Dining in support of our brothers and sisters at Agua Escondida

by Jeffrey Mu ’24

Bellarmine has a long-standing tradition of hosting an annual Solidarity Dinner, in a fundraiser to support our sister community, Agua Escondida. Decades of civil war have rendered the society of El Salvador vulnerable to disease, famine, and natural disasters, exacerbated by the military presence in the area. The chief goal of the event is to make money – no doubt about that. But this annual tradition has continued on in Bellarmine’s legacy of immersion trips, often to the areas in or around Agua Escondida. And for the community there, students’ visits are always warmly welcomed.

Last Thursday on the 20th, the Solidarity dinner began in the cafeteria, the first time the space has been used for this event since the pandemic began. As advertised, students and faculty whose experiences at immersion trips and in particular, Agua Escondida, can speak on behalf of their experiences, and the interactions they had with those less fortunate than us. As Mrs. Portillo and Mr. Portillo noted, speaking about their years volunteering and the people they met, immersing themselves into the local conditions was a harsh reminder of the “privilege of the Bellarmine community, and our small sphere of the Silicon Valley. Because we all grew up in this privilege, it’s often hard to envision how the other half lives.”

© Jeffrey Mu

The truth is, poverty and discrimination lie where we least and most expect it. And this truth seemed more and more applicable as the night went on, and I talked to the organizers of the event and their backgrounds. Maestro Briceno, a first-generation immigrant from Mexico detailed his experiences to me, expressed through personal conversation as well as the Justice Summit reflection a few weeks back. In both the harsh conditions of his childhood in Mexico and the Silicon Valley workplace, implicit discrimination still existed, and it’s a reality that many face today.

Concluding the reflections and speeches on their personal experiences, Mr. Ferrari invited the masses to dine, much to the delight of the hungry students in the back row. For dinner: a simple plate of rice, beans, chips, and salsa, wrapped in a plain tortilla. It was a reminder of how little those in need in Agua Escondida could afford, and an invitation for the Bellarmine community to dine in solidarity with the community. From getting your table called to sitting down with the food, the options reflected shared humbleness and humility, both of which were expressed throughout the evening.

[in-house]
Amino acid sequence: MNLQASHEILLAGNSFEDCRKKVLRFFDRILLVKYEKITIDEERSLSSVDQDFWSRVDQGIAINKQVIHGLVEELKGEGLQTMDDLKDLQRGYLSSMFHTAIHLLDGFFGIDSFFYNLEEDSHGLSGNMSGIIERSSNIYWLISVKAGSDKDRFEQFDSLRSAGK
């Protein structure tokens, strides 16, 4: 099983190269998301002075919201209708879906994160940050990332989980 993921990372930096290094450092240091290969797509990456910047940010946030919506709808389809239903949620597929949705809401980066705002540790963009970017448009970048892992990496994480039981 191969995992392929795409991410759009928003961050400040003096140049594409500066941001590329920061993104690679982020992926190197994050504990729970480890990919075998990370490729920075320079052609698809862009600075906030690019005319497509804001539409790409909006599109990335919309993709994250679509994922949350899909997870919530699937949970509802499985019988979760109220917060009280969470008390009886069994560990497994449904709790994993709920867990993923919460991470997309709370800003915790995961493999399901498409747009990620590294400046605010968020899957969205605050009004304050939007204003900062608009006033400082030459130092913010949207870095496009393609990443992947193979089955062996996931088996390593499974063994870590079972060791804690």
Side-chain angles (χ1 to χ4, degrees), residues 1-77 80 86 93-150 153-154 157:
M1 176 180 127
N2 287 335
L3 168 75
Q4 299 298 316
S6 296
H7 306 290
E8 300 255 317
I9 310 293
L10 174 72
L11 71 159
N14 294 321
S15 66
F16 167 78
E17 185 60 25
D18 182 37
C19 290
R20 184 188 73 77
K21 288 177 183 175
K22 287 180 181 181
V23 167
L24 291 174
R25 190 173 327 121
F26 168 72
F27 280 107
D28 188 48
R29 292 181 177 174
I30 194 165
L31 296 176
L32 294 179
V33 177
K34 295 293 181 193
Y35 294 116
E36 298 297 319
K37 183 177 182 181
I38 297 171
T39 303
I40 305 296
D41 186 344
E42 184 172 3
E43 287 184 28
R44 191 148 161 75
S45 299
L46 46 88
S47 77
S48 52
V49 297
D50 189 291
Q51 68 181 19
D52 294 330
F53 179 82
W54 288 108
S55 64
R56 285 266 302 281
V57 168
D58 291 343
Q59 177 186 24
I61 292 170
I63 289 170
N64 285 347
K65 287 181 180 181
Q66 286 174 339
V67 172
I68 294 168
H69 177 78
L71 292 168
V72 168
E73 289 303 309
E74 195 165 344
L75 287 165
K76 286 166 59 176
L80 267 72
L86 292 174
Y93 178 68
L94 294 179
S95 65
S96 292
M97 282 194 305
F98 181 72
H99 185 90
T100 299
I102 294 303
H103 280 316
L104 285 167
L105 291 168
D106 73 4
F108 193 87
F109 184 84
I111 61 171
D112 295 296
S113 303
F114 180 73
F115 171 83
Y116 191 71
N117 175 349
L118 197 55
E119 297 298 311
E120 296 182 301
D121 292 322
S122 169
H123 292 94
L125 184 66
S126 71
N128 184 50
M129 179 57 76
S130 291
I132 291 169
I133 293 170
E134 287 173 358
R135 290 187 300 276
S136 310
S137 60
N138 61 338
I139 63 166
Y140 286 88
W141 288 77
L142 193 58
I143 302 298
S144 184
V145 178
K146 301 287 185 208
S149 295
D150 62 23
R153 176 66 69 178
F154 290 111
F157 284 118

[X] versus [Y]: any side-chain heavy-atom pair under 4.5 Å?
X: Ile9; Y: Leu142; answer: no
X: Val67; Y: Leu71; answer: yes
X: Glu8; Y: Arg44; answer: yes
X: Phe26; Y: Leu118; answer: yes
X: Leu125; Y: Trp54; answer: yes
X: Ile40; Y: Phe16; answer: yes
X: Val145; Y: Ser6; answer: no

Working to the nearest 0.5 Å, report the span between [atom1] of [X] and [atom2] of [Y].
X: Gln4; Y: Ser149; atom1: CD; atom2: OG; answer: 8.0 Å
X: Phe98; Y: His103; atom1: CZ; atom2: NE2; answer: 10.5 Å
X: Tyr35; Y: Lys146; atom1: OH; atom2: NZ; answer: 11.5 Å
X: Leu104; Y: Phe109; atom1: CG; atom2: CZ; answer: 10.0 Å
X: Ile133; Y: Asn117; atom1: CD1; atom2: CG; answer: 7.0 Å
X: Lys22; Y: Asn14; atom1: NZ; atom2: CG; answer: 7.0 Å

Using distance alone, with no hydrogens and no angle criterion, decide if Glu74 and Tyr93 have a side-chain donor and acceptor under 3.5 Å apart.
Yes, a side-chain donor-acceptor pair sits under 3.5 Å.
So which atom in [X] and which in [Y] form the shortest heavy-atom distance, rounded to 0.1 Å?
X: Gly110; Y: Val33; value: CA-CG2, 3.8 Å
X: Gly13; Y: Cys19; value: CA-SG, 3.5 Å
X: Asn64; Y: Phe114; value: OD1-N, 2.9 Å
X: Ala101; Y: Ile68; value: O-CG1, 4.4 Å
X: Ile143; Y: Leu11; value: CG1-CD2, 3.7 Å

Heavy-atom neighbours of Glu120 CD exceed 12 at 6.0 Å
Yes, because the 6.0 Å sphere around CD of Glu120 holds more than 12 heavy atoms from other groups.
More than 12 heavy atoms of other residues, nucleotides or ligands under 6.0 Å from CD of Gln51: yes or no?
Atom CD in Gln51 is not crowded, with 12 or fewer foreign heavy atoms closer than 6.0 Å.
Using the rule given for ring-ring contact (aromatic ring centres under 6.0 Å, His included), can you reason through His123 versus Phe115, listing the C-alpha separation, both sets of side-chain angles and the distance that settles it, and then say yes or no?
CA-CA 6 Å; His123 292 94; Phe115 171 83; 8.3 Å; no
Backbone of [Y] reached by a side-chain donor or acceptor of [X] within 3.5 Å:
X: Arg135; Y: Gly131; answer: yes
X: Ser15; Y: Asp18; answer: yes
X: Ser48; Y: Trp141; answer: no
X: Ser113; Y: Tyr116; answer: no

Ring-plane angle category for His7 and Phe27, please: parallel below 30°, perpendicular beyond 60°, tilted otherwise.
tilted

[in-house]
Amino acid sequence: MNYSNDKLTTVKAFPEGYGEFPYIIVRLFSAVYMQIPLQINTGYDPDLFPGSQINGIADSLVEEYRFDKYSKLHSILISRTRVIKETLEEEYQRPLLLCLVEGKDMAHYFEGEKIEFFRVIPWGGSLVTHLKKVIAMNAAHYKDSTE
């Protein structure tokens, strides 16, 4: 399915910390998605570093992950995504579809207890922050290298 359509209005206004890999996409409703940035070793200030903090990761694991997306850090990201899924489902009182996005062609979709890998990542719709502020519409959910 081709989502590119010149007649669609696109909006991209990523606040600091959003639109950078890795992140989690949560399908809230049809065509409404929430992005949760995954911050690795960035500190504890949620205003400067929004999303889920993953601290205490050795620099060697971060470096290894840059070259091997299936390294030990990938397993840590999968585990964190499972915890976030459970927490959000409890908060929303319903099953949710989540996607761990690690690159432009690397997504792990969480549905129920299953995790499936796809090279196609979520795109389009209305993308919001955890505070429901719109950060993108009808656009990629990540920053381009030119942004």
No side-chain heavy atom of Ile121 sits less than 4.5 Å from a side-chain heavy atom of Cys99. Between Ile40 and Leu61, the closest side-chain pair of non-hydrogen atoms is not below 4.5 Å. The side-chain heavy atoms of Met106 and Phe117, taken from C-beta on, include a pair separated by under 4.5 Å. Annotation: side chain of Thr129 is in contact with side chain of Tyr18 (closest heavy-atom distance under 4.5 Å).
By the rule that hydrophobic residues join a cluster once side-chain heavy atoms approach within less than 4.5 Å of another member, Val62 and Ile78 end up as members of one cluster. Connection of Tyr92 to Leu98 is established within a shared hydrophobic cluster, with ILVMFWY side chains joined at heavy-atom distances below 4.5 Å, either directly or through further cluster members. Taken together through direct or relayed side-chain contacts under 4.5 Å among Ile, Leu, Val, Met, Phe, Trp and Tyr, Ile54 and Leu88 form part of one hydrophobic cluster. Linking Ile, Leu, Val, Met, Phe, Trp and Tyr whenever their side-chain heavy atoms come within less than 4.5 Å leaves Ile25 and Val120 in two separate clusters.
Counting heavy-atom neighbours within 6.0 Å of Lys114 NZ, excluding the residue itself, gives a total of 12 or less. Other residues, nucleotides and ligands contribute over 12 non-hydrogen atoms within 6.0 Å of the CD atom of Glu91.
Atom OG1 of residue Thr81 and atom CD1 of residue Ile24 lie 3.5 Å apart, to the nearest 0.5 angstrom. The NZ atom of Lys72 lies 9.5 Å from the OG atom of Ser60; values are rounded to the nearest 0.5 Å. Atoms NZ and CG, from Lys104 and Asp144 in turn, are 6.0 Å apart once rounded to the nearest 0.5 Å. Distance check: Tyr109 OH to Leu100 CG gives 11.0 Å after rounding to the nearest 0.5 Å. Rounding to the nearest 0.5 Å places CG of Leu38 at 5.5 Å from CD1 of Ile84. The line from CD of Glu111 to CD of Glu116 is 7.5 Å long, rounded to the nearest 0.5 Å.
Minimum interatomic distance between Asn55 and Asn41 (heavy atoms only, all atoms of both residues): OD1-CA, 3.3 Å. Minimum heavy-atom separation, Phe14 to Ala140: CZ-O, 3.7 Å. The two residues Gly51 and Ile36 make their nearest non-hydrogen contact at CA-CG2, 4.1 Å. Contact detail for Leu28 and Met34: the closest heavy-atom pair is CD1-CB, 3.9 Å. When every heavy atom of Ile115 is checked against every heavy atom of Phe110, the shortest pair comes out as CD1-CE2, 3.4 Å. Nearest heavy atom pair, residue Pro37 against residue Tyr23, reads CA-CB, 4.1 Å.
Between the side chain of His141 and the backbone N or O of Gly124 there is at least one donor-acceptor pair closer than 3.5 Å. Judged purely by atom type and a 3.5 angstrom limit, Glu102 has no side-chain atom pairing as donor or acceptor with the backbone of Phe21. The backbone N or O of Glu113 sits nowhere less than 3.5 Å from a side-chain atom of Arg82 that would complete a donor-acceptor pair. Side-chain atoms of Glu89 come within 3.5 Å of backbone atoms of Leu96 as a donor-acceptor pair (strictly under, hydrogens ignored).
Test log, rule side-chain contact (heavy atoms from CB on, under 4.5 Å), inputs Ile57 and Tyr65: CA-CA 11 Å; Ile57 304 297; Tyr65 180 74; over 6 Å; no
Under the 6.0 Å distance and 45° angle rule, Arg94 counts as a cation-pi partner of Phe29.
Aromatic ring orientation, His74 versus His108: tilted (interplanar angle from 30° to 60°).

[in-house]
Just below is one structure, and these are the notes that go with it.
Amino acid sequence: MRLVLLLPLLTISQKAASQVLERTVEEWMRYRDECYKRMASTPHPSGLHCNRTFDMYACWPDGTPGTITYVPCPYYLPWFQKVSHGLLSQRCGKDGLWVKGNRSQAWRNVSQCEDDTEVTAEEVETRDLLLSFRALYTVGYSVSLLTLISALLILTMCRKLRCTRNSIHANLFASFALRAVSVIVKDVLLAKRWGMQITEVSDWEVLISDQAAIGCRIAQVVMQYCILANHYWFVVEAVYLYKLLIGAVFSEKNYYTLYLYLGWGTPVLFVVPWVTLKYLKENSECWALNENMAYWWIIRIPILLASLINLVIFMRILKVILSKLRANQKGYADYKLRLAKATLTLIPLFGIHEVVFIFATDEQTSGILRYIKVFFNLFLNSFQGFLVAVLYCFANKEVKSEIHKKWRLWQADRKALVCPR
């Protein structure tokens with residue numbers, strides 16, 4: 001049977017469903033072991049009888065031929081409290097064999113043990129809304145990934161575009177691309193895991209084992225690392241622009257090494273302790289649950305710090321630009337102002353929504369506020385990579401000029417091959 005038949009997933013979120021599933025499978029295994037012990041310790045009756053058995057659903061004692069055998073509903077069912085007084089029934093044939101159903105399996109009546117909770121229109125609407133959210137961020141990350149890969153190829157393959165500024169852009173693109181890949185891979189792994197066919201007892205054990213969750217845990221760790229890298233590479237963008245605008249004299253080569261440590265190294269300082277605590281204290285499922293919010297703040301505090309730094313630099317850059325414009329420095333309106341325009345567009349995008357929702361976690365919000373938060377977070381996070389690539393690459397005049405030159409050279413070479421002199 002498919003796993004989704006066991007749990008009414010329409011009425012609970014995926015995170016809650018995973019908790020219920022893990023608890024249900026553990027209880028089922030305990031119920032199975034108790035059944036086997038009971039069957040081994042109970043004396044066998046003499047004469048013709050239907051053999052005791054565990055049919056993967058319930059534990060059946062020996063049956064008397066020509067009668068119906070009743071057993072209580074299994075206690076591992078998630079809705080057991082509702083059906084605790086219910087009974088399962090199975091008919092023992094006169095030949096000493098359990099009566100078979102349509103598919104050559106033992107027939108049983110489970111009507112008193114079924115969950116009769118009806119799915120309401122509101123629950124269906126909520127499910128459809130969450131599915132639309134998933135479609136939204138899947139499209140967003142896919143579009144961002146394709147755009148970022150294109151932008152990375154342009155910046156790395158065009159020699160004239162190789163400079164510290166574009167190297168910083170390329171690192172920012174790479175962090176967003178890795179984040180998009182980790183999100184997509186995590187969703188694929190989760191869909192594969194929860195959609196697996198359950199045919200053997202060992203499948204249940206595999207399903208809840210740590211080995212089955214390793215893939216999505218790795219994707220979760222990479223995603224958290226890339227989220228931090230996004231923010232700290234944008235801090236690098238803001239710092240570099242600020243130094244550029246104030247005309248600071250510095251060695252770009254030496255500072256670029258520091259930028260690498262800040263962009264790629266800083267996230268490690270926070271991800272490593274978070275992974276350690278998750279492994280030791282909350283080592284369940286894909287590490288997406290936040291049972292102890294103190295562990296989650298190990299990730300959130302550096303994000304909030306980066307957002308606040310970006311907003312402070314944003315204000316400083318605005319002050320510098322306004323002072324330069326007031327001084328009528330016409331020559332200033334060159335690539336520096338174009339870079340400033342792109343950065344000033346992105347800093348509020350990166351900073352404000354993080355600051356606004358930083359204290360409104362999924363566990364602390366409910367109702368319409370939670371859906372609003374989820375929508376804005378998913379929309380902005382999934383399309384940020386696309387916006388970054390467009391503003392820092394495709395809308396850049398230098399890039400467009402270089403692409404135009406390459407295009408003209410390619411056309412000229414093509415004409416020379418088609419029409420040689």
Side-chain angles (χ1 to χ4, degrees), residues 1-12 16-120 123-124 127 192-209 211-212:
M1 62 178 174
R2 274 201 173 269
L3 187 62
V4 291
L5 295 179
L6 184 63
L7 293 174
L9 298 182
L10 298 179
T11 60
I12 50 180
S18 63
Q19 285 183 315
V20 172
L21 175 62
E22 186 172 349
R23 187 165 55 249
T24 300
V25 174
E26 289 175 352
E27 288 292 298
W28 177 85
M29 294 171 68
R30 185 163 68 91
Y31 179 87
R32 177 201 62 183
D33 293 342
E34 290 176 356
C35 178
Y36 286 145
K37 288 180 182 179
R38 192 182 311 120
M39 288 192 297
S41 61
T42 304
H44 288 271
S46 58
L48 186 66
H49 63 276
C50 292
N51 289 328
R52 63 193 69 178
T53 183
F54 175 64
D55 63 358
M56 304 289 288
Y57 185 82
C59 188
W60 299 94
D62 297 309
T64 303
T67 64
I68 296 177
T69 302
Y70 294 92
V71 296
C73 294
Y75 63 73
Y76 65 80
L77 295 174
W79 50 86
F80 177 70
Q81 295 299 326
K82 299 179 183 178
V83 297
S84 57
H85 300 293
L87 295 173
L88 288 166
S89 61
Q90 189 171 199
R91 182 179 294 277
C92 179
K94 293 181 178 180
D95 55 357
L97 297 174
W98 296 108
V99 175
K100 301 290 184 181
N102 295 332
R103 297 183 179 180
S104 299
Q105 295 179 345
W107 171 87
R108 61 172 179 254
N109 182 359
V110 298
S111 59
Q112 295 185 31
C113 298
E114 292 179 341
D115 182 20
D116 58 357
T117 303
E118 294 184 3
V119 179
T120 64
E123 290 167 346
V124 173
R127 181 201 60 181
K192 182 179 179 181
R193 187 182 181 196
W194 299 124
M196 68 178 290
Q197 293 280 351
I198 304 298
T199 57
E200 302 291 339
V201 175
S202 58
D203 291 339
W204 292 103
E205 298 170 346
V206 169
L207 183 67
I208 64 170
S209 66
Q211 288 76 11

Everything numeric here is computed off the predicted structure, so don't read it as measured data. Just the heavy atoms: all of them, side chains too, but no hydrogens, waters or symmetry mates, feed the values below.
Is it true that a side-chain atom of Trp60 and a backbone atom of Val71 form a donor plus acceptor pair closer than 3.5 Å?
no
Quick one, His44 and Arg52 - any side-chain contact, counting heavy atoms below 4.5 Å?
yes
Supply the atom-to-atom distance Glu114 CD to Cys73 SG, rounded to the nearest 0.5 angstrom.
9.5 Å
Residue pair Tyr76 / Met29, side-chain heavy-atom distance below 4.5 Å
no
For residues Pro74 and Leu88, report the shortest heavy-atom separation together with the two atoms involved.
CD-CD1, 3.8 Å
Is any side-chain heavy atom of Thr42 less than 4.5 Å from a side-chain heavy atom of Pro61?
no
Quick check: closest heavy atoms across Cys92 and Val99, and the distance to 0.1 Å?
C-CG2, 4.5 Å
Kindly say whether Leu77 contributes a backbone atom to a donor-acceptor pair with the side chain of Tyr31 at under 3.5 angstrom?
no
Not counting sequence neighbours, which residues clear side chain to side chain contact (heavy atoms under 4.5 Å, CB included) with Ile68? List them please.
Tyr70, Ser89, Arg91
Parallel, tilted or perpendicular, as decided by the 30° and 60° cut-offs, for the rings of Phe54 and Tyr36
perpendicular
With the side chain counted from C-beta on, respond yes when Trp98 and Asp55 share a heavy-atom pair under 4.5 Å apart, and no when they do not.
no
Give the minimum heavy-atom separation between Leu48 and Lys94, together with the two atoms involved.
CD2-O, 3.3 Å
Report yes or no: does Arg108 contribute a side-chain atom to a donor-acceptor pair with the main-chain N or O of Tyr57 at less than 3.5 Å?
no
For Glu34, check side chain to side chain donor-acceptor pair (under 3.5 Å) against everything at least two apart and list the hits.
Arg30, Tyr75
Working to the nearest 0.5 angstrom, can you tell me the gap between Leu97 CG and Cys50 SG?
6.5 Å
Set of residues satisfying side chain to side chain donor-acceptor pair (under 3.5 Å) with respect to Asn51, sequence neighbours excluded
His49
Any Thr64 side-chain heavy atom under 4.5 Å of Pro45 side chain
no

After spotless plates were thrown away, and everyone returned to their seats, the final part of the evening began: a virtual conversation between Maritza, the representative of the Agua Escondida community and Mr. Ferrari, with Mr. Kniffin, and Ms. Pagura translating. The most memorable part of the conversation revolved around Bellarmine’s faithful immersion program, held year round. For students and faculty alike who get to visit the community and build homes, host conversations, and play with the children, Maritza noticed that the smiles of the children of Agua Escondida “changed from down, to up, as soon as they saw the students. The immersion program is not only a way for students to serve, but they get to change the lives of the children they work with.” It’s a tradition that has its roots far back in Bellarmine’s years. And with the solidarity dinner to raise funds? These are distinctly Bellarmine events, and they will continue for years to come.

Jeffrey Mu is the Editor-in-Chief of the Bell Online. Check out his articles on this website documenting student life and the Bellarmine experience.

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